I recently came across an online article on www.lemondrop.com, which caught my attention. The article interviewed Kevin Hansen, author of a new book titled “Secret Regrets: What If You Had a Second Chance?” (Kevin Hansen being of no relation to Chris Hansen, the debonair, austere host of Dateline: To Catch a Predator – a modern hero in our technology-laden times.)
The book is a compilation of entries from Hansen’s homonymous website, where anybody can log on and anonymously state their biggest regret. Most regrets are from women, torn over lost love affairs, lost chances, lost soulmates. Sure, there are regrets about broken family relationships or, sadly, domestic abuse, but it seems the affairs of the heart are the ones that linger. My favorite regret from the article is this particular one:
“I regret friending you on Facebook. Now I see your life without me every time you post a status update. Technology means never having to say goodbye forever. — Female, 20”
Not that I want to piss on this poor girl’s broken heart, but this is what could be defined as a quintessential regret for the 21st century. You know that long-lost love will never be the same when Facebook is involved in stalking your ex-lover. And yet, who hasn’t done the exact same thing? (I am guilty of doing this even with ex-friends. Ok, maybe I shouldn’t really admit that.)
The article got me thinking about what my regrets are. The idea of going back and doing everything the way you want sure seems idyllic, doesn’t it? Make the mistake, ponder it, learn from it, and then go back to the beginning and rectify it. If only.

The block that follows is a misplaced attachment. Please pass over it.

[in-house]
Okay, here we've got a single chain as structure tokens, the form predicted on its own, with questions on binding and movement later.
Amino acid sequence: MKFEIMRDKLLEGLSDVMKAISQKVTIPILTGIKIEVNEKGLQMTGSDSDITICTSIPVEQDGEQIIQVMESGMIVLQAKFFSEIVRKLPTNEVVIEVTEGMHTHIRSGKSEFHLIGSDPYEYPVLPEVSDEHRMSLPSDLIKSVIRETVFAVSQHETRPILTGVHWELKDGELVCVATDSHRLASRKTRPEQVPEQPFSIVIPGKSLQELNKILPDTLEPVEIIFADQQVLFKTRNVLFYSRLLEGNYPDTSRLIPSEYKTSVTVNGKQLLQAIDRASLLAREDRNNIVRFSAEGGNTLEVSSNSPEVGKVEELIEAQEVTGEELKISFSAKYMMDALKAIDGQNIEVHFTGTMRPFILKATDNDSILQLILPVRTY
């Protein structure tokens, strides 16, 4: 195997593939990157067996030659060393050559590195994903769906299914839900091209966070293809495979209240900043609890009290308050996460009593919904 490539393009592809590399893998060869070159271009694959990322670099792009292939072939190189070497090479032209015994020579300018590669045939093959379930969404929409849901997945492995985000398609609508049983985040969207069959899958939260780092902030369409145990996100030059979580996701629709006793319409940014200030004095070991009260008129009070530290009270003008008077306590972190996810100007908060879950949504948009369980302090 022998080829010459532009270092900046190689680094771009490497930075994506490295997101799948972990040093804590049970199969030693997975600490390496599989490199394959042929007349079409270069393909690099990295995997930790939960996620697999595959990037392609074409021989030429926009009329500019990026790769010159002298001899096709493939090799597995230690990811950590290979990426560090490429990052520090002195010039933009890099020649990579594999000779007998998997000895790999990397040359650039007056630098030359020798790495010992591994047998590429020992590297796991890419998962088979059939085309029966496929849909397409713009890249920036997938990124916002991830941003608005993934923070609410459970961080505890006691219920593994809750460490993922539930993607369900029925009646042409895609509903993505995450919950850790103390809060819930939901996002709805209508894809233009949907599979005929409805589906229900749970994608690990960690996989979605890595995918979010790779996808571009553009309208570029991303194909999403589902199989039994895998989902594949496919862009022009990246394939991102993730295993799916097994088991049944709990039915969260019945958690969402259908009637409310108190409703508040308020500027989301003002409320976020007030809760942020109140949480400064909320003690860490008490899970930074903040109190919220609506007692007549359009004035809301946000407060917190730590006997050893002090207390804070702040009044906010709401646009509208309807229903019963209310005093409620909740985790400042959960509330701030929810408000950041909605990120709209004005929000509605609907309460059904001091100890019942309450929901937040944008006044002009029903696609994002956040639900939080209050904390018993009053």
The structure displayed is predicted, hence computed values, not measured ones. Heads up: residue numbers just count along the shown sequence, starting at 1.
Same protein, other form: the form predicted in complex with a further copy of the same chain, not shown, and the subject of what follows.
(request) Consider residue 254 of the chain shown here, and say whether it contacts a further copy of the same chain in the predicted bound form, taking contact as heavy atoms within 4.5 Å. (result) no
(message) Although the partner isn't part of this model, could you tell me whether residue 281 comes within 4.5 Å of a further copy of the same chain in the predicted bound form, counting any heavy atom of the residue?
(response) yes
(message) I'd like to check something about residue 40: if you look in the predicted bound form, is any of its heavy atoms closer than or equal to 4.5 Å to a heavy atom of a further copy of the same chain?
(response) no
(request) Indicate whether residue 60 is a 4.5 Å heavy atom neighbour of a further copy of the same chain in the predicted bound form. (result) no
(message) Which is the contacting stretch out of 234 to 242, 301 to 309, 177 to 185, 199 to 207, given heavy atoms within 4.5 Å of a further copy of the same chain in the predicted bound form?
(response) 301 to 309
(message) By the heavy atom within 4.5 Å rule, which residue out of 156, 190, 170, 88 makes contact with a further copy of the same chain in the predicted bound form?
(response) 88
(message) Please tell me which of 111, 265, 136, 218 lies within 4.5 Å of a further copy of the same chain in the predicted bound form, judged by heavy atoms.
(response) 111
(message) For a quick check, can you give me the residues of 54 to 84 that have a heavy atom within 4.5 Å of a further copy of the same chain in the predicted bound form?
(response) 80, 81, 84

I regret not partying more in college – I was so busy working and going to school full-time that I forgot that the college years were the only time in my life where I could have been truly carefree.
I regret not traveling more because I always worried about saving money for a rainy day. I sacrificed experiences that could have made my life much more meaningful.
I regret letting friendships fall on the wayside over stupid things. I regret not always being a good friend. I regret the times when I preferred to be alone, smoking weed and watching TV rather than being around people – an anti-social hermit.
Disclaimer – my one love regret: I regret not having broken up with a particular person sooner. I regret ever starting a relationship with them. I regret that I didn’t do anything about the fact that we were completely wrong for each other, even though it was glaringly obvious from the start. I regret staying with them because I thought I couldn’t do any better.
So that’s what I’ve regretted from my 20s. My 30s are going to be a time where I rectify it all. As Jonathan Larson once said: “Forget regret, or life is yours to miss.” It’s a powerful sentiment to propel us all forward.
In layman’s terms, I’m going to go Oprah on everyone’s ass and start living an “authentic life.” Now, if only I had Oprah’s billions of dollars…